It really does depend on what games you play, and on what resolution, and what is your FPS target . At FHD/60FPS, I think there is very little chance you can hit the limit (I am in that category too, used a firstname.lastname@example.org, and it felt fine, only upgraded for better future-proofing, and because I tend to use my pc for other things beside gaming...and now I like my 3600 )This is a great gaming CPU. Especially as we all know it’s going to be years before we need a minimum of 6 cores for a good experience.
It’s good that it beat a 7700K (or almost matched, whatever). But if you have a 7700K or even most quad Core Intel chips from the last decade then there still isn’t really a chip that you can buy that provides a significant upgrade in gaming performance. I think a lot of gamers are in this position. I’m on a 4790K OCd to 4.8. Even if I buy a R9 3950X it’s not going to be more than what 10-20% faster than my 4790k at gaming if that? And it costs a bomb.
As soon as there’s a chip out there than can beat something like a 7700K by 50%+ in games then I think a lot of people will start upgrading. I would, for me extra cores don’t mean much. I want extra gaming performance.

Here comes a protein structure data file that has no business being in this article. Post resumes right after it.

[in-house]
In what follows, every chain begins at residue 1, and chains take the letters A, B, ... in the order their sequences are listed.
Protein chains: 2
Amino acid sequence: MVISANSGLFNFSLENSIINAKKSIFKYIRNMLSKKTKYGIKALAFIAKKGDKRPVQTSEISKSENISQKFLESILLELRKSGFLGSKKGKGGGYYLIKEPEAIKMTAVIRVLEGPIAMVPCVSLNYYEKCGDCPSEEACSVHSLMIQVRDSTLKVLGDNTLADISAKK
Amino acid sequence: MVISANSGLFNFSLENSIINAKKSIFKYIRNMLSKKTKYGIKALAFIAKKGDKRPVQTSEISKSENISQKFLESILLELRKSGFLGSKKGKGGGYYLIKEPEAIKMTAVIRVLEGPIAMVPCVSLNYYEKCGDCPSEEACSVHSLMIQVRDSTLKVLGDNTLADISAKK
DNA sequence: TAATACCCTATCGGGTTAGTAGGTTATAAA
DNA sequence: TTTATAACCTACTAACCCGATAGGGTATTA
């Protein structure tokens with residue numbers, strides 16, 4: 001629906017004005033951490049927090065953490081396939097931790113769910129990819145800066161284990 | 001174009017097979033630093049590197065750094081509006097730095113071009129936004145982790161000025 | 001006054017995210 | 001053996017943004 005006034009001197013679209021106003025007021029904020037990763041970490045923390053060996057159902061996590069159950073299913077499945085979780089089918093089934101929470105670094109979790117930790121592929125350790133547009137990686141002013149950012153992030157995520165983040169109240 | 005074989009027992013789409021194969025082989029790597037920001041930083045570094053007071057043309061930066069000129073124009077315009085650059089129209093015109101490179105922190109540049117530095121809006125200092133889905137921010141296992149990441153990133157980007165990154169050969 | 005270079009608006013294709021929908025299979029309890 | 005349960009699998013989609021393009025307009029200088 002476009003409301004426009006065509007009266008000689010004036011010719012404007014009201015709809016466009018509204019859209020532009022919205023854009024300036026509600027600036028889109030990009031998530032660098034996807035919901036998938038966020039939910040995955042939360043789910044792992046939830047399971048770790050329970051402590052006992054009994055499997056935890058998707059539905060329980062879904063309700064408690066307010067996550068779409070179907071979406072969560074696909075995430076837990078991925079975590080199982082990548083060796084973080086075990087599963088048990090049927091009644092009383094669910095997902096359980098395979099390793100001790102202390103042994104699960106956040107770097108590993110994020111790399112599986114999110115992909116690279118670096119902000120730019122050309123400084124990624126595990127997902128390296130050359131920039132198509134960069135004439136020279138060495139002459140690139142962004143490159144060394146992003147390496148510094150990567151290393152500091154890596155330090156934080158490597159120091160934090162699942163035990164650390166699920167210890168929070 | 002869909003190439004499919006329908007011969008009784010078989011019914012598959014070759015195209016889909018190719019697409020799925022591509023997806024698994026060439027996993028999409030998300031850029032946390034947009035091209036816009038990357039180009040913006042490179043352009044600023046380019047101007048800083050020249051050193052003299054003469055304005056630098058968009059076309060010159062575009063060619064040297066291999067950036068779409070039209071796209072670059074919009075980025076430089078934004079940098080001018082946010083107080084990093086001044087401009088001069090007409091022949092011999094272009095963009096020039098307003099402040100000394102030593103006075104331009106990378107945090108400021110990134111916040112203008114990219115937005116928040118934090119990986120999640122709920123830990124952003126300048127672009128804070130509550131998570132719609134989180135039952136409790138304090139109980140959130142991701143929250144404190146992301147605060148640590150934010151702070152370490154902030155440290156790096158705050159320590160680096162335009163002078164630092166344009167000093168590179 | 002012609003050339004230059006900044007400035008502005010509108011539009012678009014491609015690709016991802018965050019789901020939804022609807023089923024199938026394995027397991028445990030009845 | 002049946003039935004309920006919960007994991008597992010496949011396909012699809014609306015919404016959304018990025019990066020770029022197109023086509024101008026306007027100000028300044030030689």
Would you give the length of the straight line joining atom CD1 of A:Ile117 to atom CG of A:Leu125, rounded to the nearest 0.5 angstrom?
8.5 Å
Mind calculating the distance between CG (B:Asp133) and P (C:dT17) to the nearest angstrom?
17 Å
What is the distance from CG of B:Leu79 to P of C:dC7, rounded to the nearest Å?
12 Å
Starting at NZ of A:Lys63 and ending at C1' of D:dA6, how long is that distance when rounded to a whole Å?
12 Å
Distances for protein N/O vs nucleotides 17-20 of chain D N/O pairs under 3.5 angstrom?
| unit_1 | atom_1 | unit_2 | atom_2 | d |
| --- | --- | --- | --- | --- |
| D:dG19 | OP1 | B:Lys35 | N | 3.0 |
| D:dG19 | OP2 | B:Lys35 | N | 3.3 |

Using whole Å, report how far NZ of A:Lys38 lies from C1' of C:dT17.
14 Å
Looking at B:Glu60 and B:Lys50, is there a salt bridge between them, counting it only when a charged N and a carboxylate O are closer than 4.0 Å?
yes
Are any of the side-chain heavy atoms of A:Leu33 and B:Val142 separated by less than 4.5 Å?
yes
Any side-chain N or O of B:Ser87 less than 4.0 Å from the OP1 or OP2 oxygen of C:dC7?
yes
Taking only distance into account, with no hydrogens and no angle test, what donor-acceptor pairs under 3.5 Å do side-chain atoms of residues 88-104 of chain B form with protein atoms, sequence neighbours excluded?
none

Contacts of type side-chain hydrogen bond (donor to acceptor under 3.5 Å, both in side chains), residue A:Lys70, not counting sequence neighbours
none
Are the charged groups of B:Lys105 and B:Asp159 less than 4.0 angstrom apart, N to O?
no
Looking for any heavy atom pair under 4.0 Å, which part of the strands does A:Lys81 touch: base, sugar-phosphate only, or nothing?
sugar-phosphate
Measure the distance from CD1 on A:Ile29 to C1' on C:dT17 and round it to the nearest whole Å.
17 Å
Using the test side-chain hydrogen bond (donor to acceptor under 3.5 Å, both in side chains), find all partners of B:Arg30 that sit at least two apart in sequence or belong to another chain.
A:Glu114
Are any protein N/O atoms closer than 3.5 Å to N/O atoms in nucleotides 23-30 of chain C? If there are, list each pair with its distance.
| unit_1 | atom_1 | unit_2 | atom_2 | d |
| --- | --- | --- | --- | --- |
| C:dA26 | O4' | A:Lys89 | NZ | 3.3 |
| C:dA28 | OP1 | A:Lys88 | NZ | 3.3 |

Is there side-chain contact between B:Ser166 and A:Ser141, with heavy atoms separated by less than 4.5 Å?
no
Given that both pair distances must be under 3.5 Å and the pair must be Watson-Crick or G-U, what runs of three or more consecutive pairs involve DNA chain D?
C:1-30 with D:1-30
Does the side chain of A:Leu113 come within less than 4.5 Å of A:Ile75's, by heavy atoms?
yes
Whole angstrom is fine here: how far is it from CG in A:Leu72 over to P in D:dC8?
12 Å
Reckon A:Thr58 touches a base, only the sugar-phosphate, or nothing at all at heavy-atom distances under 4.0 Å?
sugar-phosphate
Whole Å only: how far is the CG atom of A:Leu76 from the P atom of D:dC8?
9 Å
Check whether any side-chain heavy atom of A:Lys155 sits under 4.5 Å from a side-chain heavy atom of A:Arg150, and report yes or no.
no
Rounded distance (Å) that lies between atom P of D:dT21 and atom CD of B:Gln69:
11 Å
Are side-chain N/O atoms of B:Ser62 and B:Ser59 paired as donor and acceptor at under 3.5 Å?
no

However, if you want higher FPS (say rocking a 120Hz monitor), especially if you want to keep even the 1% lows above that rate, you will hit that limit more often, and will have better results with more than 8 threads. Or, if you plan to game at 1440p or even 4K, god forbid aiming again for high refresh rates, you most definitely will hit that wall.
All I'm saying is that there is a viable use case for many-core CPUs, even just for gaming, right now, and maybe you just don't belong into that category (I know I don't...but there are many who do).